Thus formed device is disposed in a casing 130 made of phenol resin. Two idents 131 are formed on the side wall of the casing 130 for facilitating installation. Three terminal pins 141', 142' and 143' are extruded from the bottom surface of the casing 130, respective of which are connected to a power supply terminal 141 (+ 12V), a grounded terminal 142, and an output terminal 143 shown in FIG. 4. The clearance 132 formed in the casing 130 is filled with protective resin made of, for example, epoxy resin.

The automobile engine usually operates at the temperature from 70 C. to 80 C. The temperature will rise to near 150 C. when the engine is accidentally over heated on a hot day. Therefore, the oil gauge of the present invention is constructed so that the head portion, which is positioned directly in the engine chamber, can tolerate a high temperature of 170 C., and the remaining portion can tolerate a high temperature of 150 C.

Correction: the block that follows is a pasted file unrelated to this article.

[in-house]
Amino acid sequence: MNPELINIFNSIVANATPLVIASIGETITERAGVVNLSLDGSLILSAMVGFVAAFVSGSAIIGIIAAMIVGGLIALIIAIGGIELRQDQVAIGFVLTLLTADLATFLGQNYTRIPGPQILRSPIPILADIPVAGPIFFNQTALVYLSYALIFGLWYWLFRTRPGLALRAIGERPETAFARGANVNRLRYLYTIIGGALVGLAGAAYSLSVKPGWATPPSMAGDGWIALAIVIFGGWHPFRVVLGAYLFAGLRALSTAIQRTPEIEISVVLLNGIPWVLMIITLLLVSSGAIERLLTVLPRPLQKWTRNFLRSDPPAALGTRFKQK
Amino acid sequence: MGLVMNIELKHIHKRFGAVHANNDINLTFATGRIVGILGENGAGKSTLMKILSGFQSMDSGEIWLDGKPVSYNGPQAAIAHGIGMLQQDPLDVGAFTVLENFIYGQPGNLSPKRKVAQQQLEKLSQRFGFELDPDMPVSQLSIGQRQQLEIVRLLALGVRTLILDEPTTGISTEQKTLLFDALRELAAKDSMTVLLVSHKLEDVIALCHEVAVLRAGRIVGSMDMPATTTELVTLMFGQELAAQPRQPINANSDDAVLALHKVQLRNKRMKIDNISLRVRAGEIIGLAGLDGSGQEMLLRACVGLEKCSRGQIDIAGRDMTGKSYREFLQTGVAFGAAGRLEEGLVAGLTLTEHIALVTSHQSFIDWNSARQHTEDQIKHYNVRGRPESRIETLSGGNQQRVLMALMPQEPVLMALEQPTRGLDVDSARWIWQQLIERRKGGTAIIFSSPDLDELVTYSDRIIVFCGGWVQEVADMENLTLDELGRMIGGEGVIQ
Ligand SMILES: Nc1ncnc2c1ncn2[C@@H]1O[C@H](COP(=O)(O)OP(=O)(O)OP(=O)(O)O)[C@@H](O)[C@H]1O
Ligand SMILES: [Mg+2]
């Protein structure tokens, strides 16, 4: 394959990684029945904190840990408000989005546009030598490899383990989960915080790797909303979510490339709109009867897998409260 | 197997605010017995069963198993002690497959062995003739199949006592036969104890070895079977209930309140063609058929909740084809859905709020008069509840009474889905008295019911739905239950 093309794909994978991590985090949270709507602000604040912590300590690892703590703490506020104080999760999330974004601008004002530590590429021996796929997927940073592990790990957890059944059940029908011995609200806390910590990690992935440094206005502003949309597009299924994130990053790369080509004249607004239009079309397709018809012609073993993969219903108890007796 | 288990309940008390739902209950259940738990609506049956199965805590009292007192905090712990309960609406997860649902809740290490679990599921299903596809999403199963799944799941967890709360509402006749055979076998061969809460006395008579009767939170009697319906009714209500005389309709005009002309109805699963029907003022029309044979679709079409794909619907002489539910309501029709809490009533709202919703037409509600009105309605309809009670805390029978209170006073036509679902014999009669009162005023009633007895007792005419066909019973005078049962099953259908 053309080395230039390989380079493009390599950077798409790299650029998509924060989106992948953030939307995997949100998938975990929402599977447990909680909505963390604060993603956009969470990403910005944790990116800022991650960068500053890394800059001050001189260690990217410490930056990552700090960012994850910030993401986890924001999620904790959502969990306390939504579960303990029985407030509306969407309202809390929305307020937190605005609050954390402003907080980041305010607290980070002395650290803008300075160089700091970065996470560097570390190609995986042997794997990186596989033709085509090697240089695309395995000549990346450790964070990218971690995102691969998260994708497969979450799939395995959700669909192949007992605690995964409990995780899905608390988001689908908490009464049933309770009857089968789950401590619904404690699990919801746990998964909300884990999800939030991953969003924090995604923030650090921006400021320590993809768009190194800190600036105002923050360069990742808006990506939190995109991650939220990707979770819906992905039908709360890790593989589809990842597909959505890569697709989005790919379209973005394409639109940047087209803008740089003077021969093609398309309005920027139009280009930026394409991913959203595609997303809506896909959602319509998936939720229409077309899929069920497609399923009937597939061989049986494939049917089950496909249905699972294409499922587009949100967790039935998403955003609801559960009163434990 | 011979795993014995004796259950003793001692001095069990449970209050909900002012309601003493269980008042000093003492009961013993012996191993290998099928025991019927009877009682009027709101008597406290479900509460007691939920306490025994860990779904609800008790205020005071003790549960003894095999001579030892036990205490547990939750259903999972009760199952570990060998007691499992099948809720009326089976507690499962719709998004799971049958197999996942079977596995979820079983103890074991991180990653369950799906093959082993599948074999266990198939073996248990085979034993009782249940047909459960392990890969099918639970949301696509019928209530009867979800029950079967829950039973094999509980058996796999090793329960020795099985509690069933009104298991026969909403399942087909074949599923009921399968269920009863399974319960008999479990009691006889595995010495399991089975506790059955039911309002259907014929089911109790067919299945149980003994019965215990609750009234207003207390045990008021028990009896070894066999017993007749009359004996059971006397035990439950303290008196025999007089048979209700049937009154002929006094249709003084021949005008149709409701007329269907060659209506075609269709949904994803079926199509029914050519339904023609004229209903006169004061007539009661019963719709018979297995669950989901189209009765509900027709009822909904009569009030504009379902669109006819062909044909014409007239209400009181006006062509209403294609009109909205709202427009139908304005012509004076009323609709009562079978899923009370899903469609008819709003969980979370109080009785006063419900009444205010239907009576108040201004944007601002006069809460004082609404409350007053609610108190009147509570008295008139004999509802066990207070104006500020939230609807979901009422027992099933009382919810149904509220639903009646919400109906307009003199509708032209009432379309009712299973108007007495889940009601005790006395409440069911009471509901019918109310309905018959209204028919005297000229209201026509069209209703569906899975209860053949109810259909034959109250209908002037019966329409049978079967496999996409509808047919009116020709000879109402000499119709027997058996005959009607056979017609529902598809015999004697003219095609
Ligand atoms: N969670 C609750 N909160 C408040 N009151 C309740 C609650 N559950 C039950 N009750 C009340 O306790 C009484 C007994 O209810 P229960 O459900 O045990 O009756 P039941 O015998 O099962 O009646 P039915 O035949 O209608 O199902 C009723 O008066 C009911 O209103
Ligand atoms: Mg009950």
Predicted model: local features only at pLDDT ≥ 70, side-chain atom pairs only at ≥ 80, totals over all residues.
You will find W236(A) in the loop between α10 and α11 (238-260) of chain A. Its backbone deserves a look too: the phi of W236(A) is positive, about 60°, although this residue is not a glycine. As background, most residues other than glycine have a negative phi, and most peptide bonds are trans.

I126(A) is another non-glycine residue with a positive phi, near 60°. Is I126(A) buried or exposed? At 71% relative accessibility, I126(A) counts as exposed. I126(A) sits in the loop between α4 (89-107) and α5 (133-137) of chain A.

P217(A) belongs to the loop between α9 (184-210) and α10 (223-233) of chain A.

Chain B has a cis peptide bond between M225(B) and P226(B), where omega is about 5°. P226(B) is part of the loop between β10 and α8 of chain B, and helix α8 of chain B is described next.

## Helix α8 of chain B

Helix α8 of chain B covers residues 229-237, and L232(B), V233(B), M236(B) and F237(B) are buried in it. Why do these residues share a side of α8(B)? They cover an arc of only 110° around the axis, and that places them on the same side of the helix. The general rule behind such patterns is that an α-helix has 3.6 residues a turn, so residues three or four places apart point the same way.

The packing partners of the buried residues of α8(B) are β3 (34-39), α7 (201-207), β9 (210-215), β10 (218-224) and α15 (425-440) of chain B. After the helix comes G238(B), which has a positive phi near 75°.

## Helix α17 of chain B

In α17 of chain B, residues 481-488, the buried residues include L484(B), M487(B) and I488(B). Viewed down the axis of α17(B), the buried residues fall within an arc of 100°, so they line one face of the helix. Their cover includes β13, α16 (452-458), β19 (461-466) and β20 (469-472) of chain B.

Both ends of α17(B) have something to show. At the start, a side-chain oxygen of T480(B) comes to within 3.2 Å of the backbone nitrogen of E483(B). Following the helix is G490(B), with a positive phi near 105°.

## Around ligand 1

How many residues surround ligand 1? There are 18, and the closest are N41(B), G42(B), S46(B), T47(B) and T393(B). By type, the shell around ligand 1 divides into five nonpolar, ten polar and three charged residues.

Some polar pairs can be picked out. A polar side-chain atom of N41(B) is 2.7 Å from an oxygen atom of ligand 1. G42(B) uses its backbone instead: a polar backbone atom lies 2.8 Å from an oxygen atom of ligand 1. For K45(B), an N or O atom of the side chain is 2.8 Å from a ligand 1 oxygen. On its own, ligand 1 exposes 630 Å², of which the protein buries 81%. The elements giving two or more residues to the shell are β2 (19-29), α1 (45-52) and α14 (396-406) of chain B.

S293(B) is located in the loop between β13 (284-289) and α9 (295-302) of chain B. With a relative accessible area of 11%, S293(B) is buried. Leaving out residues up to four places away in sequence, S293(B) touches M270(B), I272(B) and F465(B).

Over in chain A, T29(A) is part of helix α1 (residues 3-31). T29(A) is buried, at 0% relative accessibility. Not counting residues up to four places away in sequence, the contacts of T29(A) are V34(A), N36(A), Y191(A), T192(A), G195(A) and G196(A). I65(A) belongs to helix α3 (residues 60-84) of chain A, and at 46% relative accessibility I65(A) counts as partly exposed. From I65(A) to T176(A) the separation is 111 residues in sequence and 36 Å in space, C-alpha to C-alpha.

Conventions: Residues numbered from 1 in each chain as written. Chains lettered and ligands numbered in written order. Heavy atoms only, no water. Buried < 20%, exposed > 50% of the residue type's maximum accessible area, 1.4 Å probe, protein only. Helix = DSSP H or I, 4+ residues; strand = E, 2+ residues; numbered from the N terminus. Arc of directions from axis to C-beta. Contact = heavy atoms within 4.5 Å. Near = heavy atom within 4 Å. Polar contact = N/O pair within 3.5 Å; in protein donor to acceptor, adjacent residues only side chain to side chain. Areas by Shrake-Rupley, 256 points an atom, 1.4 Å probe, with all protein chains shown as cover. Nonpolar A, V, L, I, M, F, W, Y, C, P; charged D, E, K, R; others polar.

The permissible maximum temperature of the respective elements is selected as follows:

HEAD PORTION

Ceramics (substrate 10 and cover 60): above 1000 C.

epoxy film 150: 170 C.

glass 50 and low melting glass frit 120: above 400 C.

silicone resin 40 for pre-coat: 200 C.

REMAININGS

casing 130: 150 C.

epoxy resin for filling the clearance 132: 150 C.

Moreover, the glass 50 and the low melting glass frit 120 are chemically stable against an organic solvent such as the engine oil.

The above-mentioned oil gauge is fixed to an oil pan 170 with the use of a supporter 160 in such a manner that only the head portion comes into contact with the engine oil as shown in FIG. 5.

The output signal level from the output terminal 143 varies in response to the oil-level in the oil pan 170 as shown in FIG. 6. That is, the signal level shows whether the U-shaped optical guide 50 is above or below the oil-level. In the foregoing embodiment, the light-responsive element 30 comprises a phototransistor PT and a transistor Q, which are connected with each other in a Darlington fashion.